The 5,000 Fingers of Dr T
One of the strangest and most delightful films ever made, 1953's The 5,000 Fingers of Dr. T marked the first and only time that Theodore Geisel AKA Dr. Seuss contributed his genius to a feature film (and no, that posthumous Ron Howard-directed Grinch travesty doesn't count). Fatherless young Bart Collins (Tommy Rettig, of TV's "Lassie") hates his piano lessons like poison and considers his zealous music teacher, Dr. Terwilliker (Hans Conreid), to be his "only enemy in the world." Forced by his mother (Mary Healy) to sit inside all day practicing Dr. T's "Happy Fingers" method, Bart passes out at the keyboard and enters a surreal, Seussian nightmare, where he's trapped in the prison-like Terwilliker Institute. Bart discovers that his maniacal piano teacher has hypnotized his mother and plans to force 500 imprisoned boys all clad in identical "Happy Fingers" beanie caps to practice 24 hours a day, seven days a week at his giant piano. His only ally is the plumber, Mr. Zabladowski (Peter Lind Hayes), a sort of Freudian father figure who alternately advises him, disbelieves him, flirts with him, and hits on his mother. The bizarre tone to the story lonely boy fixates on evil piano teacher and hunky plumber is amplified by the Dali-meets-Seuss sets and costumes, and the elaborate, bizarre production numbers. Among the most memorable songs are an extended dance featuring the half-naked, green-painted denizens of Dr. T's lower-level dungeons (where he keeps all the non-piano-playing musicians, many manipulating Seuss-inspired instruments in highly suggestive ways) and a love song shared by Bart and Mr. Zabladowski as they gaze deeply into each other's eyes. The highlight of the film is Dr. T's tribute to cross-dressing, "Dress Me" in which he sings:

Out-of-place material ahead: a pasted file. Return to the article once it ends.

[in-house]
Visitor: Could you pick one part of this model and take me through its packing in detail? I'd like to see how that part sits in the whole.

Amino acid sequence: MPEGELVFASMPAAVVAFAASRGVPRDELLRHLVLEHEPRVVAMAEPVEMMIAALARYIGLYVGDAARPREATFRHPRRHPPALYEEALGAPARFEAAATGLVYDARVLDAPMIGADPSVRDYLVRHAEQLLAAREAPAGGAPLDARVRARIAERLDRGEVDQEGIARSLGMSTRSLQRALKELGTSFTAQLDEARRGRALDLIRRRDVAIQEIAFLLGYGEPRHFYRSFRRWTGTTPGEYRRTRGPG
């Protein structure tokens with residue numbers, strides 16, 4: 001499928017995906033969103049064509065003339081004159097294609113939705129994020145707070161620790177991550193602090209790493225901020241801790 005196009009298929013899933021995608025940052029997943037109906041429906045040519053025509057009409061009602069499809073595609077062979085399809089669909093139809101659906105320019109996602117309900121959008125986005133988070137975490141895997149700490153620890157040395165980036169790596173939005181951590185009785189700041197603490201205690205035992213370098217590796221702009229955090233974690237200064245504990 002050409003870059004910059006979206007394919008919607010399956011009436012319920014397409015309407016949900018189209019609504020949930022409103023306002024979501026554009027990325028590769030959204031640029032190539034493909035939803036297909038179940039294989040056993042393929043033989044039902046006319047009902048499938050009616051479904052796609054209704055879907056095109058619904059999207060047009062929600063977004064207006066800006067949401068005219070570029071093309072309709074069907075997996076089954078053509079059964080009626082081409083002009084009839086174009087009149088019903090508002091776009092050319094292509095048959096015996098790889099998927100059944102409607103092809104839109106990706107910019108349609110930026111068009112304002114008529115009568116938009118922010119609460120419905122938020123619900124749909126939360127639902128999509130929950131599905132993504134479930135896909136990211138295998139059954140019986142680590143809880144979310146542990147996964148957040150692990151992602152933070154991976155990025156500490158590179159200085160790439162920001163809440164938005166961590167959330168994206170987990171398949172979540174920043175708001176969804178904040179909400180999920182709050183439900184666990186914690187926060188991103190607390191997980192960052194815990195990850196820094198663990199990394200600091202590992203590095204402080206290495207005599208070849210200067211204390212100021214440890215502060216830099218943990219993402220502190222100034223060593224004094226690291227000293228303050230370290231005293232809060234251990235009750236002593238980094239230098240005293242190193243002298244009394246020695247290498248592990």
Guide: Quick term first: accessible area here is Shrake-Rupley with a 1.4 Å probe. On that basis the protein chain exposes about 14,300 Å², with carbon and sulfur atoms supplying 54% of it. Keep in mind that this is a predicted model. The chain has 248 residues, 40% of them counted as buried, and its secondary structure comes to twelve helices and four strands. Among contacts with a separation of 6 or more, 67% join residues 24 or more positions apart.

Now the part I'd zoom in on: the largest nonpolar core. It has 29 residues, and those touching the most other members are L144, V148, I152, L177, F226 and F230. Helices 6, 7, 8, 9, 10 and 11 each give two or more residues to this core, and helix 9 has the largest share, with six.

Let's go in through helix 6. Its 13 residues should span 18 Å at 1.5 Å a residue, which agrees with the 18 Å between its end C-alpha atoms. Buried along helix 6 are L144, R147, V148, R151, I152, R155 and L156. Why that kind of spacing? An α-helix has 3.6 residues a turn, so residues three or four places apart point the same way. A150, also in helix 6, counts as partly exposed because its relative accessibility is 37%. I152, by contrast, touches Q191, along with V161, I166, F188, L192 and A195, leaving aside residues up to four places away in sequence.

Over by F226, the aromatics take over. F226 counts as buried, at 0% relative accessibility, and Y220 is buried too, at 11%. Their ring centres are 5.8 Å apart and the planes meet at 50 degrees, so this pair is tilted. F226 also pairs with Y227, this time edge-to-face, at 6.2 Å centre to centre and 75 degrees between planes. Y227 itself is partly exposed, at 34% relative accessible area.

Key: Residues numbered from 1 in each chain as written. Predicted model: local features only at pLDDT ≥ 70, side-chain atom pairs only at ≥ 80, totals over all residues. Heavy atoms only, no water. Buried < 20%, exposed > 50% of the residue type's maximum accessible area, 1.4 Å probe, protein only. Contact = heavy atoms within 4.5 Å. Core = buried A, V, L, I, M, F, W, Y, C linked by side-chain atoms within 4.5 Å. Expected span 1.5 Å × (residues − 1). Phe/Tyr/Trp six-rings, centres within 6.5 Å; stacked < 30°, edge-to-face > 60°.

Conreid's distinctive style (he was the voice of Snidely Whiplash in the "Dudley-Do-Right" cartoons) makes the number jaw-droppingly funny. Produced by Stanley Kramer, The 5,000 Fingers of Dr. T was nominated for an Oscar for Best Scoring of a Motion Picture. Columbia TriStar's DVD edition is digitally remastered, but not restored it's a little messy, but it gets better once you get past the phenomenally dust-ridden opening logo. Full screen presentation in the original 1.33:1 aspect ratio; Dolby Digital mono audio in English, French and Spanish; subtitles. Extra features include a handful of trailers for other CTHE DVD releases and "Gerald McBoing Boing's Symphony," one of the popular, highly stylized 1950s cartoons about a boy who expresses himself through sound effects. Keep-case.